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Great Britain. Report: Boris Johnson may have misled parliament over ‘partygate’

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A House of Commons committee in its report into Downing Street events during the Covid-19 lockdown states that “the breaches of guidelines were obvious to Johnson at the time he attended these gatherings”.

It seems that Boris Johnson as prime minister, he misled parliament four times by giving explanations about events that took place in Downing Street during the covid restrictions, a committee of the British House of Commons wrote in a preliminary report published on Friday.

“The evidence strongly suggests that the breaches of the guidelines were obvious to Mr Johnson at the time he attended these assemblies. There is evidence that those who advised Mr Johnson what to say to the press and in the House (Commons) themselves had trouble arguing that that some assemblies were in accordance with the rules,” said the Privileges Committee, which is investigating whether Johnson misled Parliament by providing explanations on the matter, wrote in a 24-page report.

Asked in December 2021 about media reports about Downing Street drinking parties, Johnson told the House of Commons four times that no rules had been broken. However, two other investigations – an internal one led by civil servant Sue Gray and a police investigation – came to different conclusions, and Johnson was one of many people in the crowd to be fined.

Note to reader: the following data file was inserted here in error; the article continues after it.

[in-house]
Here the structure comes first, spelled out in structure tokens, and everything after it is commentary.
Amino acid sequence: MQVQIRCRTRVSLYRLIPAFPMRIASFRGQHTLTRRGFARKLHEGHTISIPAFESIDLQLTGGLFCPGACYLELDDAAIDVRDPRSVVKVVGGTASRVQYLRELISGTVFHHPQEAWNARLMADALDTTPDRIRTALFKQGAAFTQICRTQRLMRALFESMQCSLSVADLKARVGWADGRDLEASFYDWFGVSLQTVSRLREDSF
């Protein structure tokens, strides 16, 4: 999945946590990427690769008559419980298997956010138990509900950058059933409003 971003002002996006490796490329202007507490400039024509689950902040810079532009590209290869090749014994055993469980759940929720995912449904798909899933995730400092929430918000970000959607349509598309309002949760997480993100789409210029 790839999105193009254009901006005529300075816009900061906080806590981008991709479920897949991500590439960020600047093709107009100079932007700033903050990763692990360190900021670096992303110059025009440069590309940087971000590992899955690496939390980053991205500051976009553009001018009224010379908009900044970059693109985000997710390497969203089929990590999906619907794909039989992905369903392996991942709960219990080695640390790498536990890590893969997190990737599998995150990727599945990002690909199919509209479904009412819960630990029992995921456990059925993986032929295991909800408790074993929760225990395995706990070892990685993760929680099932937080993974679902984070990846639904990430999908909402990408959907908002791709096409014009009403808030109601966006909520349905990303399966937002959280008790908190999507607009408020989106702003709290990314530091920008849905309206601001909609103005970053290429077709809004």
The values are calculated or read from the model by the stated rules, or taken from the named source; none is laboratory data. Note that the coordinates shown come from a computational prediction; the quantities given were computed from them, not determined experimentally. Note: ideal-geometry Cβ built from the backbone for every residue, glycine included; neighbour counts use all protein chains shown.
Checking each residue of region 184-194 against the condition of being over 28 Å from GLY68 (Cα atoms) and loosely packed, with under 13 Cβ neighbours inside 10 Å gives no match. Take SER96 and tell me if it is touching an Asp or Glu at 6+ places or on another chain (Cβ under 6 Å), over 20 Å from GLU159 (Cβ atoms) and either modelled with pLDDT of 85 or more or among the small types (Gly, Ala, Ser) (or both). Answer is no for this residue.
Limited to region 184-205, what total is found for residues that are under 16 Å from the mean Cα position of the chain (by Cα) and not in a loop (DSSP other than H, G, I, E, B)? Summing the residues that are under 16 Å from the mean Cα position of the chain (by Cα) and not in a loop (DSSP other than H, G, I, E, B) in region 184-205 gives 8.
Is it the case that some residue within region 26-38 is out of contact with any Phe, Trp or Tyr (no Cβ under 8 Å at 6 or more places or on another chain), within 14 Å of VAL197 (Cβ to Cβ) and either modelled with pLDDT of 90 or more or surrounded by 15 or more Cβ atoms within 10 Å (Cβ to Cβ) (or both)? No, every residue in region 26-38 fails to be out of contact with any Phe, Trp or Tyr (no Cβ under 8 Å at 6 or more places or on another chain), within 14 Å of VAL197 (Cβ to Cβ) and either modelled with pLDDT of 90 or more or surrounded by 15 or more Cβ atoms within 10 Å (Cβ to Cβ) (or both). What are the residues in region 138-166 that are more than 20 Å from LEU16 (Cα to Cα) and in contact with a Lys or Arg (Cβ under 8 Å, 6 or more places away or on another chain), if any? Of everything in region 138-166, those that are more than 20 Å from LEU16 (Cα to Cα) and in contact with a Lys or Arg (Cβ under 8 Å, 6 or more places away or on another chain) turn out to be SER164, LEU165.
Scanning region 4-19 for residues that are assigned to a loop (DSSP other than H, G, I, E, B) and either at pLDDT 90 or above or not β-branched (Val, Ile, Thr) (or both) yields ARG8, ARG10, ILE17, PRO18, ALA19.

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Knowingly misleading Parliament is a very serious offense in the UK and a member of the government found guilty of this is expected to resign.

Although Johnson already left the post of prime minister in September last year, if the committee’s final report concludes that he has knowingly misled Parliament, he may be suspended for 10 days, which in turn is grounds for filing a lawsuit. petition in his constituency to dismiss him as MP.

The commission said it had called on Johnson to explain in the week beginning March 20 why he told MPs that no guidelines had been broken, “since he knew what the guidelines were and was present at meetings where the guidelines were broken” and “why not informed the Houses of the meetings at which he was present.

Johnson: Those were my sincere beliefs

Referring to Friday’s report, Johnson said there was no “evidence” that he knowingly or inadvertently misled Parliament, or that he was aware of a breach of the rules.

“When I told the House that the rules and guidelines were followed, that was my sincere belief,” he said. He also noted that the committee made 26 references in its report to Sue Gray’s “selective and orchestrated” investigation.

On Thursday, it was reported that Gray had left the civil service to take over as chief of staff to opposition leader Keir Starmer, which Johnson’s supporters point to as proof that her investigation was not impartial.

Main photo source: TOLGA AKMEN/PAP/EPA

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